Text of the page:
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            The yuan devaluation sent markets into a tizzy. For many Indian firms, China is a key export market. How should they manage this phase of uncertainty? We ask experts

            Need to diversify, spur local demand
            Harish H.V., partner, Grant Thornton India

            The Chinese yuan’s devaluation has come as a surprise, though there was some action expected, says Harish H.V. “It is a clear sign of deterioration in the Chinese economy and China is taking steps to drive the one big strength of its economy, which is exports,” he says.

            The impact of the latest action of the Chinese could be overall positive for Indian exporters in my opinion, says Harish.

            “There will be a dip in commodity prices with possible weakening of Chinese demand, delays in Fed and Western world’s proposed interest rate increase (which means reduced risk of money flowing out of emerging markets), RBI possibly reducing interest rates using this event as a trigger, and continued weakening of the rupee,” he notes.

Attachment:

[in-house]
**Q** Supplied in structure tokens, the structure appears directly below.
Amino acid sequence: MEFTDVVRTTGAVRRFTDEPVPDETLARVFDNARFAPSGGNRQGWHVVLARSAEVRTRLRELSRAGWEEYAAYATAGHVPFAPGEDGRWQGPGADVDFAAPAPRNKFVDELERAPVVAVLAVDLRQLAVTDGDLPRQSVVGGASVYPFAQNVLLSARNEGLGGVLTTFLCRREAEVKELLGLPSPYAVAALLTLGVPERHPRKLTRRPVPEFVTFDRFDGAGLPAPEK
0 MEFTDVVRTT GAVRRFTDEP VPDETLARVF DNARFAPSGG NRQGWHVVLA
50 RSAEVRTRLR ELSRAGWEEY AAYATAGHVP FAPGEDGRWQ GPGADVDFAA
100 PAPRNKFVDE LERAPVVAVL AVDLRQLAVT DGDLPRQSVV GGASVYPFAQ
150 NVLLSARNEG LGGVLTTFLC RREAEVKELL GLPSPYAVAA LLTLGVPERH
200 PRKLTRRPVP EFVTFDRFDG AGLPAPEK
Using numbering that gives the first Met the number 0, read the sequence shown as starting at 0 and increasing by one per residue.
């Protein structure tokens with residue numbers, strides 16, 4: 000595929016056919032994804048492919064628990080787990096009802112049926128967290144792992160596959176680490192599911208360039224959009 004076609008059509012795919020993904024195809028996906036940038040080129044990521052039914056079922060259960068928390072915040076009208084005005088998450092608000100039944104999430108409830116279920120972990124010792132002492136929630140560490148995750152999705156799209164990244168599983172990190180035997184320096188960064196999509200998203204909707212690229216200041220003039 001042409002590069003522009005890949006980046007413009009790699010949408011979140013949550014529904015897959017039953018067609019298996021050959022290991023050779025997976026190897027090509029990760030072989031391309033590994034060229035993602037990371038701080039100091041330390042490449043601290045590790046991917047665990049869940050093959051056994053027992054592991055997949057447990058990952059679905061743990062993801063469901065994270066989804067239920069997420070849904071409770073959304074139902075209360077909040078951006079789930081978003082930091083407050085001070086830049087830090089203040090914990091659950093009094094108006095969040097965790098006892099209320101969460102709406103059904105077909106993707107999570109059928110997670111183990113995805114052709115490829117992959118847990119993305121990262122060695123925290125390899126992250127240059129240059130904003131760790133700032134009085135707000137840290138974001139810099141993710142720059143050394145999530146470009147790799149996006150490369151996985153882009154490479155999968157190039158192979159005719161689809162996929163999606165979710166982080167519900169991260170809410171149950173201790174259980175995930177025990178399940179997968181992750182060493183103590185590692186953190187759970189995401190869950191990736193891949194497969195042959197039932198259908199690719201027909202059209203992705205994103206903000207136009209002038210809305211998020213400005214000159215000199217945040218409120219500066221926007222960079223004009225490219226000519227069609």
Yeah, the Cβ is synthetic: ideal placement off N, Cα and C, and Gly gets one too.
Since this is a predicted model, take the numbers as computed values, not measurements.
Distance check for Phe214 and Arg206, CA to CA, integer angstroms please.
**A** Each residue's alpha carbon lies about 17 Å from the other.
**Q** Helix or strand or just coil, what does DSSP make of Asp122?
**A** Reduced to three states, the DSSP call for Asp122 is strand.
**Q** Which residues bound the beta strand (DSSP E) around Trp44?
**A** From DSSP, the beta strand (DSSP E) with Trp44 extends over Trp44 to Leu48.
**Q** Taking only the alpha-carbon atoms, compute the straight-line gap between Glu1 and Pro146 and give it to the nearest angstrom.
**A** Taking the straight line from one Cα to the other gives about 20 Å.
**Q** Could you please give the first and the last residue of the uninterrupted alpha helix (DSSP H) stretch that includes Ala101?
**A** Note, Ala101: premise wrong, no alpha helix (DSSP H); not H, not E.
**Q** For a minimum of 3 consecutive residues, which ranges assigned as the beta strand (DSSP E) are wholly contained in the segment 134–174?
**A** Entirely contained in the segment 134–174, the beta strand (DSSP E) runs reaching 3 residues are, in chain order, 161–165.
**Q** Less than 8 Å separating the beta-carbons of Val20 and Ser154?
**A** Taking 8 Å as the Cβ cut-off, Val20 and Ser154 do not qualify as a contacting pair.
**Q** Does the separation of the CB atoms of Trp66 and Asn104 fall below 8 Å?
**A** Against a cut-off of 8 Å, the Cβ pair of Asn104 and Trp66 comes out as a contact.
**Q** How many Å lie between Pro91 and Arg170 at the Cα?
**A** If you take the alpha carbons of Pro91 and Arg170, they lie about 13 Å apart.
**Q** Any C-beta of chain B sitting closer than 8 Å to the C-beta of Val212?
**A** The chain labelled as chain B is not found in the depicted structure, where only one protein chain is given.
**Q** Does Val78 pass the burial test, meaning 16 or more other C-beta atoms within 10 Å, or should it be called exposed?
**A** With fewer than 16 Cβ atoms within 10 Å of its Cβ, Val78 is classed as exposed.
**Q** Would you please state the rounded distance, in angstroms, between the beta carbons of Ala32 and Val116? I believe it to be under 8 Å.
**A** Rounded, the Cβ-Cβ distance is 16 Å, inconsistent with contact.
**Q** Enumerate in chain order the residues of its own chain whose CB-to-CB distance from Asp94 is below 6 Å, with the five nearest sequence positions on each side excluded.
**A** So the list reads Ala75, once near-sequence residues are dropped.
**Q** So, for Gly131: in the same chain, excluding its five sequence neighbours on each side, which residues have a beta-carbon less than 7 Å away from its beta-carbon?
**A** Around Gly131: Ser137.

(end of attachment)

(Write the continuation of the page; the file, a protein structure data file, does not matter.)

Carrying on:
“Since we also import large volumes of Chinese products, these would become cheaper,” adds Harish. Indian exports to China include raw material such as ore, slag, iron and steel, textiles, plastics, organic chemicals, and cotton.

            “Companies in these sectors need to be watchful of the overall signals emanating from the Chinese economy, which seem to indicate that a bubble effect exists there on asset prices and any deflation of this bubble would result in erosion of wealth, and hence weak demand for products or pricing pressures for products sold to China,” he says.

            Given this, exporters to China need to start planning to diversify their markets beyond China into other countries and also look to stimulate demand within India.

            Another important area to consider is the currency risk. “Indian companies need to price their exports in hard currencies such as US dollar or even in rupees than Chinese yuan, and then hedge their currency exposures,” says Harish.

            Third, and this applies to all exporters, be more dynamic in your strategy and nimble to shift production, markets, pricing, etc. and align your infrastructure to be as asset light as possible and focus on building a culture of dynamism, he adds.

            The article appeared in the Mint. The article can be found here.

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